News and Trends

Published Online: Monday, January 9, 2012
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Use of Retail Medical Clinics Rises 10-Fold Over 2-Year Period

The number of individuals who used retail clinics located in pharmacies and other settings increased 10-fold between 2007 and 2009, according to research published in the November issue of The American Journal of Managed Care. Age, health status, income, and proximity to the clinic were identified as key factors in choosing a retail clinic over a physician’s office.

In the study, researchers from the RAND Corporation studied usage trends among 13.3 million adults with health insurance; of those, 3.8 million individuals visited a clinic at least once between 2007 and 2009. During the study period, the rate of utilization increased from a monthly tally of 0.6 visits per 1000 enrollees in January 2007 to 6.5 visits per 1000 enrollees in December 2009.

Lead author J. Scott Ashwood, MA, and colleagues found that proximity to the retail clinic was the strongest predictor of use. Other findings are as follows:

• Women were more likely to visit clinics than men

• Retail clinic patients tended to be between the ages of 18 and 44 years

• Those from zip codes with median incomes of more than $59,000 were more likely to use retail clinics than lower income groups

• Individuals with a chronic health complaint were less likely to use retail clinics

The researchers noted that care initiated at retail clinics is 30% to 40% less expensive than similar care provided at a physician’s office, and 80% less expensive than similar services provided in an emergency department.

“If the growth in retail clinic visits that we noted represents substitution for other sources of care, then the increase in retail clinic use could lead to lower costs,” Ashwood said. PT

Women’s Use of Mental Health Meds Rising Sharply

A new report from Medco Health Solutions found that more than 1 in 5 adults in the United States took at least 1 medication commonly used to treat a psychiatric or behavioral disorder in 2010. Among women, the prevalence increased to 1 in 4, according to analysis of mental health medication usage among approximately 2.5 million insured Americans.

The report, which compared utilization of antidepressants, antipsychotics, attention- deficit/hyperactivity disorder (ADHD) drugs, and anti-anxiety treatments from 2001 to 2010, showed that women of all ages take more mental health medications than men.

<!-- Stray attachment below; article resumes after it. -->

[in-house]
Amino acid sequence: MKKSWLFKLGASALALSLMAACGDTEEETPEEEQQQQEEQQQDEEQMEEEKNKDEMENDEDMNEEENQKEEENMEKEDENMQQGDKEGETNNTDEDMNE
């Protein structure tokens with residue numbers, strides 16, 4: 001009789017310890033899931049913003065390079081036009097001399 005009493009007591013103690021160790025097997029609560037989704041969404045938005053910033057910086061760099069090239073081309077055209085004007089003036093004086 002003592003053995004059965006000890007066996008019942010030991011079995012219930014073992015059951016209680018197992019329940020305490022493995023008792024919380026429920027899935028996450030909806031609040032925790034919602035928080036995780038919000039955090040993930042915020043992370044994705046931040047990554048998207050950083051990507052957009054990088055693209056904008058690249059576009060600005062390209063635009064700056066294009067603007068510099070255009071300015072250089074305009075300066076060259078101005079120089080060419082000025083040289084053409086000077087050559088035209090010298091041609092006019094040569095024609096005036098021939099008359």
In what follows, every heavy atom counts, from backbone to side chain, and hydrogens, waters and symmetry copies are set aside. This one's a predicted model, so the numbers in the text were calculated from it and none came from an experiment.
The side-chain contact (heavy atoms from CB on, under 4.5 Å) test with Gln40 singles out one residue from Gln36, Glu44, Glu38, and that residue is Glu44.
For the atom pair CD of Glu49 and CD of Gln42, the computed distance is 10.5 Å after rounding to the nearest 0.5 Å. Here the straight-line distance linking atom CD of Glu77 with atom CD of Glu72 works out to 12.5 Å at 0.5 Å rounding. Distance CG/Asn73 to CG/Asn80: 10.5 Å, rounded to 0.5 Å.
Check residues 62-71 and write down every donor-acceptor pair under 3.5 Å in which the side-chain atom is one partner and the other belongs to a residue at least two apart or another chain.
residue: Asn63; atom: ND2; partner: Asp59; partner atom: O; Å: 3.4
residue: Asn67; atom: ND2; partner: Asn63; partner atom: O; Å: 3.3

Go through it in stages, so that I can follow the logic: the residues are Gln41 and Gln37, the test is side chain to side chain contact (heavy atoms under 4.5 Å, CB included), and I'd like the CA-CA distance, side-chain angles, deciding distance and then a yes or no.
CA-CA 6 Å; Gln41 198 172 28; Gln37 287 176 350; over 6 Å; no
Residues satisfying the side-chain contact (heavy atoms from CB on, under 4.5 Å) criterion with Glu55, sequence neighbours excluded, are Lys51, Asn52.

Antidepressants are by far the most commonly utilized drug, with more than 20% of women taking a medication typically prescribed to treat depression. Anxiety treatments are also widely used by women and at almost twice the rate of men, with use highest among middleaged women (11%).

Although boys are prescribed treatments for ADHD more often than girls, the trends seem to reverse by adulthood. Overall, the number of women taking ADHD drugs was 2.5 times higher than in 2001, surpassing men. The most drastic increase was seen in women aged 20 to 44 years, whose numbers rose 264% in 10 years.

The report also found a significant spike in utilization of atypical antipsychotics among men, with the rates quadrupling among those aged 20 to 64 years since 2001.

The overall results are “sobering and important,” said Martha Sajatovic, MD, of University Hospitals Case Medical Center. “The health care implications could be substantial given increasing financial constraints on individuals and health care funding entities.”

Seniors in Home Care at Increased Risk for Unsafe Medications

Nearly 40% of older adults receiving care from a home health agency are taking at least 1 prescription medication that is considered potentially inappropriate for seniors.

In a study published in the November issue of the Journal of General Internal Medicine, a team of researchers led by Yuhua Bao, PhD, of Weill Cornell Medical College, found that home health care patients 65 years and older are prescribed potentially inappropriate medications (PIMs) at rates 3 times higher than patients who visit a medical office. Home care patients, according to the research, take 11 medications on average.

“Elderly patients receiving home health care are usually prescribed medications by a variety of physicians, and it’s a great challenge for home health care nurses to deal with prescriptions from many sources,” said Dr. Bao. Having a medical professional visit the patient, she added, provides “an opportunity to do a proper medication review and reconciliation.”

A review of data from 3124 home health patients 65 years and older revealed that 38% were taking at least 1 PIM, and that patients taking 15 or more medications were 5 to 6 times as likely to be prescribed PIMs as those taking 7 or fewer medications. Of those individuals taking at least 1 PIM, 21% were taking 15 or more medications.

Many physicians aren’t aware of which medications fall under the PIM category, according to Dr. Bao. “In our fragmented health care system, we generally don’t have an electronic reference for a patient that lists all medications from different physicians, and there isn’t a readily available means for professionals to share essential information. Enhanced physician communication with home health care nurses may help to address the problem, as well as better communication among physicians.”



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